SYDNEY – Stocks fell, the dollar gained and commodities slid with emerging-market assets after the US fired a new shot in its brewing trade war with China.
S&P 500 futures slumped with the Stoxx Europe 600 Index and MSCI Asia Pacific Index following the Trump administration’s release of the biggest list yet of Chinese goods it may hit with tariff increases. The Asian nation vowed to retaliate, and shares in Shanghai led the retreat as the yuan weakened.
The potential escalation spurred advances in the dollar and Treasuries, while emerging-market stocks and currencies both declined. Metals bore the brunt of the reaction in commodities, with copper, nickel and zinc all sliding.
China’s Commerce Ministry described the US move as “totally unacceptable” bullying, and promised to lodge complaints at the World Trade Organization without detailing what its retaliatory steps would be. One pattern seen so far in the escalating battle between the world’s top two economies is that the tensions have hit Chinese shares harder than American ones -- they are now in a bear market, while the S&P 500 is within about 3% of a record high.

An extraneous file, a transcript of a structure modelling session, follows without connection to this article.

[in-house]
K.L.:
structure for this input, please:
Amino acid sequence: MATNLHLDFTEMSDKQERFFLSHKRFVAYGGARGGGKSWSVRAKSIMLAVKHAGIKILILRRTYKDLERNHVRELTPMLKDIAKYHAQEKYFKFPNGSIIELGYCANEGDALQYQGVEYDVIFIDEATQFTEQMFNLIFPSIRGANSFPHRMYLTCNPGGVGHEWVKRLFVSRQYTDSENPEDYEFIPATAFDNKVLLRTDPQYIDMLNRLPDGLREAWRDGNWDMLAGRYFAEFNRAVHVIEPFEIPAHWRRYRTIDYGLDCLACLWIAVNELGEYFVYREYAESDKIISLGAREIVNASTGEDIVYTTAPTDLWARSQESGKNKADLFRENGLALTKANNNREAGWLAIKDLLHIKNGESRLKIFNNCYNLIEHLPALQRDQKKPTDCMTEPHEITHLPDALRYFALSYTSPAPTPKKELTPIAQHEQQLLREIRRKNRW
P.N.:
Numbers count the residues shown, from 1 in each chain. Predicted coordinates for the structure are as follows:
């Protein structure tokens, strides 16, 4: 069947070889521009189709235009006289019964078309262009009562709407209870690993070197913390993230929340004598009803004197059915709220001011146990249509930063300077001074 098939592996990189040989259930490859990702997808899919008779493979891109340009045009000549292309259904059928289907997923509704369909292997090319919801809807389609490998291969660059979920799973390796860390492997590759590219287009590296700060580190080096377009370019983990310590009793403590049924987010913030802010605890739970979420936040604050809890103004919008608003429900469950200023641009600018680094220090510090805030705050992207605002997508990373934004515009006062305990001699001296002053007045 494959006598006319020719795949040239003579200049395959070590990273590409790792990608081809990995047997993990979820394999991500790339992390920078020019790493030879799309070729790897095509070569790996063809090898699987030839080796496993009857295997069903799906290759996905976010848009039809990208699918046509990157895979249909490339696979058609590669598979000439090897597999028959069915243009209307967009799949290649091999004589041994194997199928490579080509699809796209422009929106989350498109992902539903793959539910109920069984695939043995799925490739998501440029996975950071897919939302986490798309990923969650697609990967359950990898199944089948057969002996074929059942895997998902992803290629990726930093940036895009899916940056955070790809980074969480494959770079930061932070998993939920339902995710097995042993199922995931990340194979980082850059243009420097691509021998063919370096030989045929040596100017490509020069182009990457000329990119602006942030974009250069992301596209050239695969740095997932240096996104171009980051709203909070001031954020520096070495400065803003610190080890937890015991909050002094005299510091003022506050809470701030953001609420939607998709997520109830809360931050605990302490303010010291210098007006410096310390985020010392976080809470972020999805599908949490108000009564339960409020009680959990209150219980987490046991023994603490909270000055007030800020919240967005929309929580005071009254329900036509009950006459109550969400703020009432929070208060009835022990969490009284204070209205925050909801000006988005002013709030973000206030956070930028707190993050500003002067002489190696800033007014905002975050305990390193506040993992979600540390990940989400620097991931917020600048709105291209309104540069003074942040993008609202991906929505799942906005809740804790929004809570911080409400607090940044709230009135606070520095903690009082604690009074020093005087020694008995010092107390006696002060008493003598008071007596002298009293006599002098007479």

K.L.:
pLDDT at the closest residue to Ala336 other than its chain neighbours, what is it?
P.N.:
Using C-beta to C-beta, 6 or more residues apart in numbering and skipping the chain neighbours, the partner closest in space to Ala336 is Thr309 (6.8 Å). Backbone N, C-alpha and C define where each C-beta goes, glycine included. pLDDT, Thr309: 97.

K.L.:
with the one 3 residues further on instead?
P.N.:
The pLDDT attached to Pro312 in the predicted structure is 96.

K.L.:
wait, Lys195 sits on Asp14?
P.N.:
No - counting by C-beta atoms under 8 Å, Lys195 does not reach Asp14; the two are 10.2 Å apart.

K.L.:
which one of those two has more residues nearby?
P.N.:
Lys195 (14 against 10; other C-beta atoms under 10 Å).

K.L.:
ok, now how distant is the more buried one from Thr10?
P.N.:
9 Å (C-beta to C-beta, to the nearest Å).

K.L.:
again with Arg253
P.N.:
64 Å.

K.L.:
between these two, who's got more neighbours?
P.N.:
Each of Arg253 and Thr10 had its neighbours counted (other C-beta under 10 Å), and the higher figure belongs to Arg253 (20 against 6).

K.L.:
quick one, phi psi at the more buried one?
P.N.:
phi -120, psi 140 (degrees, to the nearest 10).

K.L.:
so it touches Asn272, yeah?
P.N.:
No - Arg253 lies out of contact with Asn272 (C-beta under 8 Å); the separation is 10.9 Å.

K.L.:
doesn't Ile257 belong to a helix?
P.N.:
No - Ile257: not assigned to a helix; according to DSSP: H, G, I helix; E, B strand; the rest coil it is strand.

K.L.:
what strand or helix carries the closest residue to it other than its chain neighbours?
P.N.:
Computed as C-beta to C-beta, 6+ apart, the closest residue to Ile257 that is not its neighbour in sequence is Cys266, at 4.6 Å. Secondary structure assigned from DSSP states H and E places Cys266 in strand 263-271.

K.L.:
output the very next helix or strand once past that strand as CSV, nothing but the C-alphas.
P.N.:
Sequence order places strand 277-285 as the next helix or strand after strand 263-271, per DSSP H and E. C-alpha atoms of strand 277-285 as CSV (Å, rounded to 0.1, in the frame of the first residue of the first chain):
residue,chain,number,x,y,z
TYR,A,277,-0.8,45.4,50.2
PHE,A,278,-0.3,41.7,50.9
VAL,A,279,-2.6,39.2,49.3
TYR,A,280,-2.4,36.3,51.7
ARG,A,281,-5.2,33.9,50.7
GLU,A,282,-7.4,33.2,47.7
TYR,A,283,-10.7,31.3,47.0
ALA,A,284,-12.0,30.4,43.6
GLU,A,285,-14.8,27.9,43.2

“In the short run it’s very difficult to see what’s going to bring an end to this escalation of tit-for-tat,” Richard Turnill, chief investment strategist at BlackRock, told Bloomberg TV in Hong Kong. “It’s those increasing concerns that are going to weigh on market returns and force investors increasingly to look for more resilience in their portfolios.”
A bumper corporate earnings season could still support sentiment, with expectations that strong results can compliment a recent run of positive economic data and overshadow growth concerns stemming from the trade tensions.
Elsewhere, oil dropped below $74 a barrel in New York, even as an industry report was said to show shrinking US crude stockpiles.